The National Registry of Emergency Medical Technicians (which shall be referred to as the NREMT from here on out) is the body or organization that manages the EMT profession. The main purpose of this organization is to ensure that the EMTs who provide care to patients at the scene of a medical emergency are competent and able to perform their jobs at a very high level of quality.
NREMT Mission Statement
According to the NREMT website, the mission statement of the registry is as follows:
“To serve as the National EMS Certification organization by providing a valid, uniform process to assess the knowledge and skills required for competent practice by EMS professionals throughout their careers and by maintaining a registry of certification status”.
In effect this is an organization that aims to monitor and control the EMT profession by maintaining records of EMTs that are allowed to practice. In addition the procedures and standards that the national registry puts into place are aimed at ensuring that the quality of EMT professionals who are allowed to practice in the field is high and that everyone falling under the control of the organization behaves appropriately.
History And Milestones
- 1969: Highway Traffic Safety suggests that uniform standards for EMS be put into place
- 1970: The first meeting of the Task Force in charge of achieving the above was held January 21, 1970
- 1971: Rocco V. Morando is selected as NREMT’s founding Executive Director, first exam administered
- 1973: The first re-certification of a Nationally Registered EMT was processed
- 1974: Development of initial EMT training guidelines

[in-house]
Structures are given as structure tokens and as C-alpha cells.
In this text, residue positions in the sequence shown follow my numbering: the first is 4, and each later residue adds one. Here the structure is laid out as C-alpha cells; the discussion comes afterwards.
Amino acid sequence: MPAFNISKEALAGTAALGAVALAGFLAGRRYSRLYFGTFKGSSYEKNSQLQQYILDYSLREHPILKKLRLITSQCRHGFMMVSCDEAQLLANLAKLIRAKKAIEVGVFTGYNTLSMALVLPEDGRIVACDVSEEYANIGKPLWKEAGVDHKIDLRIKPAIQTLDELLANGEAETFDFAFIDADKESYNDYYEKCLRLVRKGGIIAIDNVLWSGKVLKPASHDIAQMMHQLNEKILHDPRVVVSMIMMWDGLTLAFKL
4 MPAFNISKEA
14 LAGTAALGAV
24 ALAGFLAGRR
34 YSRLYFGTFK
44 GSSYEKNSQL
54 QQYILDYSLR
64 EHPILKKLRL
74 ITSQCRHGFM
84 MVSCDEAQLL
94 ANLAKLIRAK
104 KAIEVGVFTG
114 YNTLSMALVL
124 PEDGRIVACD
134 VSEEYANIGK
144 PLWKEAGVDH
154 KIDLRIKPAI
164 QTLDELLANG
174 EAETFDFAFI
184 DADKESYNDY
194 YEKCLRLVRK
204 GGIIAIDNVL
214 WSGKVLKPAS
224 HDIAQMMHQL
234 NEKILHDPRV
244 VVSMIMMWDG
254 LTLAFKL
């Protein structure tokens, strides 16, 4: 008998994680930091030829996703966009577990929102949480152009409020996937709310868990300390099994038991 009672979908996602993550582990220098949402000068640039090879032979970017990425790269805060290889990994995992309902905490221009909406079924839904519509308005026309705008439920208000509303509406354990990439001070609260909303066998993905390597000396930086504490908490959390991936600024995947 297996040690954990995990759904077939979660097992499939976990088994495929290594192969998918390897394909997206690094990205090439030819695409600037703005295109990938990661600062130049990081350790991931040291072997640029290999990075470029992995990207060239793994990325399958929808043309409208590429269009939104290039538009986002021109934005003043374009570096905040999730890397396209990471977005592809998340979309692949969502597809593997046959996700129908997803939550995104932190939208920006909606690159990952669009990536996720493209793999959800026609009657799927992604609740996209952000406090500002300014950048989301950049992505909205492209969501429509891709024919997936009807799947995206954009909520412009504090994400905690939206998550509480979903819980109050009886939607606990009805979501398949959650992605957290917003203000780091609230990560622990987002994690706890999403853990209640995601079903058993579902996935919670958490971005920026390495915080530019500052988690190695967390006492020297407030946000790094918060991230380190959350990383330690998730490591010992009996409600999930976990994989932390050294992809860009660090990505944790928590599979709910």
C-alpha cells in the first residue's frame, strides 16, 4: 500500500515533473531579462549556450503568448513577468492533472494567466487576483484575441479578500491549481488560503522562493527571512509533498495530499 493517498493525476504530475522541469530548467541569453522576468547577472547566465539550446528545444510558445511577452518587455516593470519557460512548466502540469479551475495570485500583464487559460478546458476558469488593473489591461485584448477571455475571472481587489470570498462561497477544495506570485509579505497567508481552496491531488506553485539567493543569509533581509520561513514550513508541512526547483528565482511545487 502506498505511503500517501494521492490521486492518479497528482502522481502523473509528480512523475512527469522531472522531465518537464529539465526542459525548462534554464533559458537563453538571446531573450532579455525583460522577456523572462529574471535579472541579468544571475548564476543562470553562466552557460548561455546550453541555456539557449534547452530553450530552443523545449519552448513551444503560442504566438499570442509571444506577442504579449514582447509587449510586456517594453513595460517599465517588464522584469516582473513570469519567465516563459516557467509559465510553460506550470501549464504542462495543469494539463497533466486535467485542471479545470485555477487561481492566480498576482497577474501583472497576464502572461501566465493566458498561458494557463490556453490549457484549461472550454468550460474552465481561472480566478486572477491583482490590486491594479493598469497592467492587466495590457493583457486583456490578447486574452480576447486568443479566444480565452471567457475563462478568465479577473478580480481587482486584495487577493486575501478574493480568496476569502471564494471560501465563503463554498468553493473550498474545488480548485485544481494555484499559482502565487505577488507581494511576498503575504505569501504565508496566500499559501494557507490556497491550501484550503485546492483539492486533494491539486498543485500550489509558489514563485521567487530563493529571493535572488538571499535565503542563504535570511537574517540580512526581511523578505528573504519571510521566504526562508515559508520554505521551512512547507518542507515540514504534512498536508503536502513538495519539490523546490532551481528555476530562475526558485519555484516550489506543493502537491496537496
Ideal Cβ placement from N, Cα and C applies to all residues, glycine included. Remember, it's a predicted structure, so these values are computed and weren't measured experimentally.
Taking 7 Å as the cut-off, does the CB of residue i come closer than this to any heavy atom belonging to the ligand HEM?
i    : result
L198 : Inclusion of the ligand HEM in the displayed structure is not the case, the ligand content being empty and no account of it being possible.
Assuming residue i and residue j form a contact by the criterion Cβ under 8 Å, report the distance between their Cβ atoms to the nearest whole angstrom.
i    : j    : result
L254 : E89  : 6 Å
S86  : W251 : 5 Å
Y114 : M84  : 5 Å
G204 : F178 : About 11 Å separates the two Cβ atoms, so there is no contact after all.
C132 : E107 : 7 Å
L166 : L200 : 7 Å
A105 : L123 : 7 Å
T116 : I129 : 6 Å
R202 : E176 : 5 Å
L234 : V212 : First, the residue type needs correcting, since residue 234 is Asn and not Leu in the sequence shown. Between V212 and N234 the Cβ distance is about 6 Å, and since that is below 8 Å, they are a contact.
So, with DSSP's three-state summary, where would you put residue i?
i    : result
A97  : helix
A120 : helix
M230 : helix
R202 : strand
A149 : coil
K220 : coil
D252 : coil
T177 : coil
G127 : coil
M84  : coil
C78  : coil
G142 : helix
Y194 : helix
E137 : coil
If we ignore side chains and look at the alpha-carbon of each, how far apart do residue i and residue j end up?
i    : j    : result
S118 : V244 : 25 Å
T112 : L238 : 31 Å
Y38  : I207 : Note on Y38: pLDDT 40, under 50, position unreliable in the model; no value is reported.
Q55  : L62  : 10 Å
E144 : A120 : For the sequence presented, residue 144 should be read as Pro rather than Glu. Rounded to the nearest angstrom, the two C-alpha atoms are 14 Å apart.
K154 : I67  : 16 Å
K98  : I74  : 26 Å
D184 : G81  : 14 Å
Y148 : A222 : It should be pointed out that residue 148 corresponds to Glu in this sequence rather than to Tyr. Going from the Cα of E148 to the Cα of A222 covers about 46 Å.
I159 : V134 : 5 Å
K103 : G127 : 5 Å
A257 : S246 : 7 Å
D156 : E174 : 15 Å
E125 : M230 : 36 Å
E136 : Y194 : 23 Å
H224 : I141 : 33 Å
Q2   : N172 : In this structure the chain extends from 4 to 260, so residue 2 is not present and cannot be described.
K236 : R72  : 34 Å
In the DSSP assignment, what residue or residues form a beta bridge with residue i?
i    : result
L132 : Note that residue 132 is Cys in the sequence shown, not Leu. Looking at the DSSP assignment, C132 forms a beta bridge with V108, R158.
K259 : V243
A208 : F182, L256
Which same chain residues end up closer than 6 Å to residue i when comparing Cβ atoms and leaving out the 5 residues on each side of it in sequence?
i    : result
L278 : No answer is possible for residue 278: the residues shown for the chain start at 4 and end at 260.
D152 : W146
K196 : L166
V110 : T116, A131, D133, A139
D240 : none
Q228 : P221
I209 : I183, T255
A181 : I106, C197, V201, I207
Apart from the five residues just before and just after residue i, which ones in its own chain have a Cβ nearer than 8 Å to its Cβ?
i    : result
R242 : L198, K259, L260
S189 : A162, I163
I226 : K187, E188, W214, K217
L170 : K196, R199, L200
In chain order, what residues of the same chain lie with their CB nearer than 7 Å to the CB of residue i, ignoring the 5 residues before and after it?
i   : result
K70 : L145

- 1975: Continuing education and re-certification requirements established and the National Association of Emergency Medical Technician formed
- 1976-1977: Exams tested, curriculum was developed nationally and advanced training packages were introduced
- 1978: The first exam is given and the he Registry becomes a member of the National Commission for Health Certifying Agencies
Most recent history and milestones:
- 2000: The Board of Directors adopts a Strategic Plan to help guide the direction of the organization
- 2001: The NREMT examination is used in 43 states as the primary or only means of certification
- 2002: First increase in NREMT membership fees since 1973
- 2003: The NREMT implements a Research Program for the betterment of NREMT programs and to contribute to the EMS community, and receives accreditation of all five levels of exams from the National Commission for Certifying Agencies, a certification accrediting agency sponsored by the National Organization for Competency Assurance.
- 2005: The NREMT exams are now used by 46 states and territories as the sole basis for certification at one or more levels.
- 2007: The NREMT begins the process to transition from pencil-and-paper based exams to computer based testing
The NREMT is a non-profit organization that exists to ensure quality on the EMT profession. Before this body was established there were no certification procedures for individuals working in the emergency medical services and no standards were in place. The NREMT stepped forward to address this shortcoming. Over 1 million EMTs have been certified through this body. In order to qualify for certification as an EMT through the NREMT you need to:
- Completing a state-approved EMS education course
- Passing the NREMT written and practical examinations
Board Of Directors
The board of directors for the NREMT consists of 21 individuals. These individuals are experts and prominent and important figures from various segments of the emergency medical services. In addition a certain proportion of the board consists of members of the public who, too, are prominent and important figures. The high level of quality of the board of directors serves to indicate that the NREMT is dedicated to the goals expressed in its mission statement. The point of the board of directors is to ensure that the NREMT is properly governed and well organized and that all of its members are monitored and kept in check. The board of directors is:
- Committed to public protection
- Committed to quality patient care
There are five levels of certification that can be received by writing NREMT examinations. These include:
- First Responder
- Basic EMT
- Intermediate/85 EMT
- Intermediate/99 EMT